Program of Studies
1.1.SC-5-STM-U-4: when individual substances are combined, the total weight is equal to the sum of the individual weights.
1.2.SC-5-STM-S-1: use appropriate tools (e.g., balance, thermometer, graduated cylinder) and observations to describe physical properties of substances (e.g., boiling point, solubility, density) and to classify materials
1.2.SC-5-STM-S-2: work individually and with others to design and conduct fair tests to safely investigate properties of matter, such as boiling point, density and solubility
2.1.SC-5-MF-U-1: predictions and/or inferences about the direction or speed of an object can be made by interpreting graphs, charts or descriptions of the object's motion.
2.1.SC-5-MF-U-2: the more mass an object has, the less effect a given force will have.
2.1.SC-5-MF-U-3: forces are pushes and pulls that may be invisible (e.g., gravity, magnetism) or visible (e.g., friction, collisions).
2.1.SC-5-MF-U-4: some comparisons may not be 'fair' because some conditions (e.g. mass, force, speed, friction) might not be the same.
2.2.SC-5-MF-S-1: use observations and appropriate tools (e.g., timer, meter stick, balance, spring scale) to explore the relationship between force and mass
2.2.SC-5-MF-S-2: create and interpret graphical representations in order to make inferences and draw conclusions about the motion of an object
2.2.SC-5-MF-S-3: design and conduct experiments to examine the effects of variables on the straight line motion of objects. Analyze, review and critique each other's experiments
2.2.SC-5-MF-S-4: predict and support with evidence/justification, changes in the motion of an object related to its mass or the amount of force acting on it
3.1.SC-5-EU-U-5: observations, models and diagrams of the solar system illustrate the position and relationship of the Earth, sun and moon within the larger system of planets and other celestial bodies. Even though they are all parts of the same system, a comparison of their properties reveals great differences among celestial bodies.
3.2.SC-5-EU-S-1: investigate how water can change forms yet still be conserved in the water cycle
3.2.SC-5-EU-S-6: use a variety of models and graphic representations to obtain and organize data in order to compare the major components of our solar system
3.2.SC-5-EU-S-7: explore the development of and types of technology useful for learning about the atmosphere and our solar system
3.2.SC-5-EU-S-8: explain why scale models are important tools for understanding a number of phenomena (e.g., solar system, watersheds, earth's atmosphere) but are not always easy to construct or require trade-offs in other aspects of the model (e.g. distance vs. size)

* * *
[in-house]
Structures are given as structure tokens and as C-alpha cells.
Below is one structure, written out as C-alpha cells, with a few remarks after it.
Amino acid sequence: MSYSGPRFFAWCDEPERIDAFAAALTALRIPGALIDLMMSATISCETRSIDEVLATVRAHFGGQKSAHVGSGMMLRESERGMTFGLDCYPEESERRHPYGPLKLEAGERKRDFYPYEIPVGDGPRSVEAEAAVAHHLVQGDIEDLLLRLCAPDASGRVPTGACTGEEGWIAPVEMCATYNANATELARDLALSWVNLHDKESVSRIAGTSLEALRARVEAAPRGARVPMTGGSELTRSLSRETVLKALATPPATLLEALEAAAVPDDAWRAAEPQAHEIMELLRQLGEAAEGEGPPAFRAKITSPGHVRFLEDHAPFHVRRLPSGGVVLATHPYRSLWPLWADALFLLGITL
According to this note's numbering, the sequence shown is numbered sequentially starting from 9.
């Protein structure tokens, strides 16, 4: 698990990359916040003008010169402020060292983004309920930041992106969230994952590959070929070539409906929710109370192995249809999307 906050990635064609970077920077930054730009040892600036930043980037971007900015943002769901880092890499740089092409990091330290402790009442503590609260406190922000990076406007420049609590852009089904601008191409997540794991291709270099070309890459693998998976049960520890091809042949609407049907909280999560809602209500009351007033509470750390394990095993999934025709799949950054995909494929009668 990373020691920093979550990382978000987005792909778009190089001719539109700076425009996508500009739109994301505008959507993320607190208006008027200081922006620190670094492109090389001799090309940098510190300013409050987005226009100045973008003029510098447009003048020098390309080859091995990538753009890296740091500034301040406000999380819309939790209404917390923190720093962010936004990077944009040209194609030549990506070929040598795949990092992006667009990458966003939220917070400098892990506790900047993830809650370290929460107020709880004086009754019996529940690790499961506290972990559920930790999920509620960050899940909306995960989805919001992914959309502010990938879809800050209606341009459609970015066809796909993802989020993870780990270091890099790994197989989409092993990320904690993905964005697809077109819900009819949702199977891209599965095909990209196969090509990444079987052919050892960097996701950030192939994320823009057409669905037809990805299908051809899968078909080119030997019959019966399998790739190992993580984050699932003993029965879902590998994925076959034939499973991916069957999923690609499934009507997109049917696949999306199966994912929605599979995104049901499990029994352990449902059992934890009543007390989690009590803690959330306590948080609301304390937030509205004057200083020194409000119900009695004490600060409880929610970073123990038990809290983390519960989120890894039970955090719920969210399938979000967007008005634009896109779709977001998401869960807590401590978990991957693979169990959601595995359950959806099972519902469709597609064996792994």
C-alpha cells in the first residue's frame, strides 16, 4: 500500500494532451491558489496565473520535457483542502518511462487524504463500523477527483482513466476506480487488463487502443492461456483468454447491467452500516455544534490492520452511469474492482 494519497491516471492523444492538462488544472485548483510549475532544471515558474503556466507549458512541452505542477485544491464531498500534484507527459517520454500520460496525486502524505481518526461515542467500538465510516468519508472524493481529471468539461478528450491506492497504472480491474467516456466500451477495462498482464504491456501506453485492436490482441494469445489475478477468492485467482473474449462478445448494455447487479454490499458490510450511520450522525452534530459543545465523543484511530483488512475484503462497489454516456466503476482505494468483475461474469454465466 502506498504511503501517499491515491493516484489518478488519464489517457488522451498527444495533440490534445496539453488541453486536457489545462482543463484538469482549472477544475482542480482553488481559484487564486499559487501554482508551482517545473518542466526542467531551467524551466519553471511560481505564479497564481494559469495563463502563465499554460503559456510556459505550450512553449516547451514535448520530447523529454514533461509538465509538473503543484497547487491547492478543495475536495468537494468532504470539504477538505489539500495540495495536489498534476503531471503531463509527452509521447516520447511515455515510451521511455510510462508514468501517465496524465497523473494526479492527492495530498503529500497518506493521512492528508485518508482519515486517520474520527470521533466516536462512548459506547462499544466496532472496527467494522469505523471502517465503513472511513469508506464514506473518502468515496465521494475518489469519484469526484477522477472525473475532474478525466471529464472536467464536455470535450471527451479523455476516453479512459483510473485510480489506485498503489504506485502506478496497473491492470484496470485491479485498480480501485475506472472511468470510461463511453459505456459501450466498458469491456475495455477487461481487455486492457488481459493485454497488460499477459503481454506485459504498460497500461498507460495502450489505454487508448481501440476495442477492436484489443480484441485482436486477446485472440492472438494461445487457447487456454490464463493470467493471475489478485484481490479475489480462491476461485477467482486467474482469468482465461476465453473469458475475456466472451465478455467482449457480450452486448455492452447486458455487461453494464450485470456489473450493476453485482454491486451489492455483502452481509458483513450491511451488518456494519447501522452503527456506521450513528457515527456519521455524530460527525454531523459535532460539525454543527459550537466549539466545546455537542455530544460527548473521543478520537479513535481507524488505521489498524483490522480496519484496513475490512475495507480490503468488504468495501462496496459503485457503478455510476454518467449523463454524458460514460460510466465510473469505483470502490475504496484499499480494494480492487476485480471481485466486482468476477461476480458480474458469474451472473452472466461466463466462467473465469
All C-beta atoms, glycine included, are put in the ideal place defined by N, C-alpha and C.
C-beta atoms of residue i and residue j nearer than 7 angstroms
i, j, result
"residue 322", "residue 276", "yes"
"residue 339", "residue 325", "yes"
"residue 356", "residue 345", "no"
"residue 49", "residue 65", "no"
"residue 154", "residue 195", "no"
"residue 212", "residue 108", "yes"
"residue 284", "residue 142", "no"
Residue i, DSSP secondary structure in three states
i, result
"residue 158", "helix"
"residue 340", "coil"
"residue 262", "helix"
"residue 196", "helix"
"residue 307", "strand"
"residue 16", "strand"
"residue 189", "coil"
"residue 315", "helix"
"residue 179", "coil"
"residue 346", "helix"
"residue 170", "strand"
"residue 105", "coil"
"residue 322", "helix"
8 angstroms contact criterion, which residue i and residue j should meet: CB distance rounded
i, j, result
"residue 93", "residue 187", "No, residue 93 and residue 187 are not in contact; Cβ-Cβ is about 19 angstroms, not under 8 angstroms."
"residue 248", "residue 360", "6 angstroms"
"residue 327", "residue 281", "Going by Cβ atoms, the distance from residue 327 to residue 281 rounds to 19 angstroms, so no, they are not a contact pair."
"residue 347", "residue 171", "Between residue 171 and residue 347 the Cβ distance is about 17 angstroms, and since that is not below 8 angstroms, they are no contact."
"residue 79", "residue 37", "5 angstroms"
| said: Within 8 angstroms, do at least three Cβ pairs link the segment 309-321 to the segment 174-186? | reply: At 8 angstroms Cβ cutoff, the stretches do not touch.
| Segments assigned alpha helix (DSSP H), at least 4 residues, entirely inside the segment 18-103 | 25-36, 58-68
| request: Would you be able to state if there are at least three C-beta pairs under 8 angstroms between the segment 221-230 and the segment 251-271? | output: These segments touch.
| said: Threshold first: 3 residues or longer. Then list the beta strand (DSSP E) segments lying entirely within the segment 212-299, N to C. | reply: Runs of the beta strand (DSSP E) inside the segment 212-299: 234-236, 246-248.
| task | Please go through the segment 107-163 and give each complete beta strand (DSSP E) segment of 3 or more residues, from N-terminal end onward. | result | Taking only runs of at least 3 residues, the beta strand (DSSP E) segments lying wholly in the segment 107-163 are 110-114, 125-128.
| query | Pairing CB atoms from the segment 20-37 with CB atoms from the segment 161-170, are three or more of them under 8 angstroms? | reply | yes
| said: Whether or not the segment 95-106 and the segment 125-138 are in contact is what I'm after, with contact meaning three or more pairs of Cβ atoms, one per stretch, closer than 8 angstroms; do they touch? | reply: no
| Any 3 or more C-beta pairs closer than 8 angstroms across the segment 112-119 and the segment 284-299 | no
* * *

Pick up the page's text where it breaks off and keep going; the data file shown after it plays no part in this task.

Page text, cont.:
4.2.SC-5-UD-S-2: identify and describe systems and subsystems essential to an organism's survival
5.2.SC-5-BC-S-3: Investigate ways that organisms cope with fluctuations (e.g. temperature, precipitation, change in food sources) in their environments
6.1.SC-5-ET-U-1: energy can have many different forms and be contained in many different substances. Evidence of energy transfer may be observed in a wide variety of systems.
6.1.SC-5-ET-U-2: energy from the sun flows through space to reach the Earth. Solar energy provides the driving force for many of the changes that happen on the Earth's surface.
6.1.SC-5-ET-U-3: electrical circuits transfer energy and can produce heat, light, sound and magnetic effects. They can be used for different purposes by rearranging their components.
6.2.SC-5-ET-S-1: classify energy phenomena (e.g., heat/thermal energy, electrical energy, energy of position) as kinetic or potential and use observations and evidence to describe the transfer of energy occurring in simple systems
6.2.SC-5-ET-S-2: describe solar energy and how it impacts physical and biological systems on Earth
6.2.SC-5-ET-S-3: design and conduct investigations/experiments to determine the effects of altering variables within electrical circuits and to draw conclusions about the transfer of energy (e.g., heat, light, sound and magnetic effects) within a system
7.1.SC-5-I-U-1: within every ecosystem are populations of organisms that serve specific functions. Changes to any population may affect the other populations in that ecosystem.
7.1.SC-5-I-U-2: all of the populations that interact with each other in an ecosystem form a specific community, but there may be multiple communities within the same ecosystem.
7.1.SC-5-I-U-3: matter and energy flow along multiple paths within a community. Complex models depicting this interdependence make these relationships easier to visualize and comprehend.
7.2.SC-5-I-S-1: define the concepts of population and community and identify examples of populations and communities within various ecosystems
7.2.SC-5-I-S-2: identify the role/function a population of organisms has in a particular community/ecosystem (e.g., producers, consumers, decomposers)
7.2.SC-5-I-S-3: explore the cause/effect relationship of altering a particular population of organisms within an ecosystem using data/evidence collected through research and/or simulations (e.g., role-play games, computer-based simulations)
7.2.SC-5-I-S-4: analyze, create and describe visual representations of ecosystems and the interactions occurring within them. Compare and critique pre-existing and student-constructed representations for accuracy, identifying strengths and limitations, insisting on the use of evidence to support decisions
Correlation last revised: 10/24/2009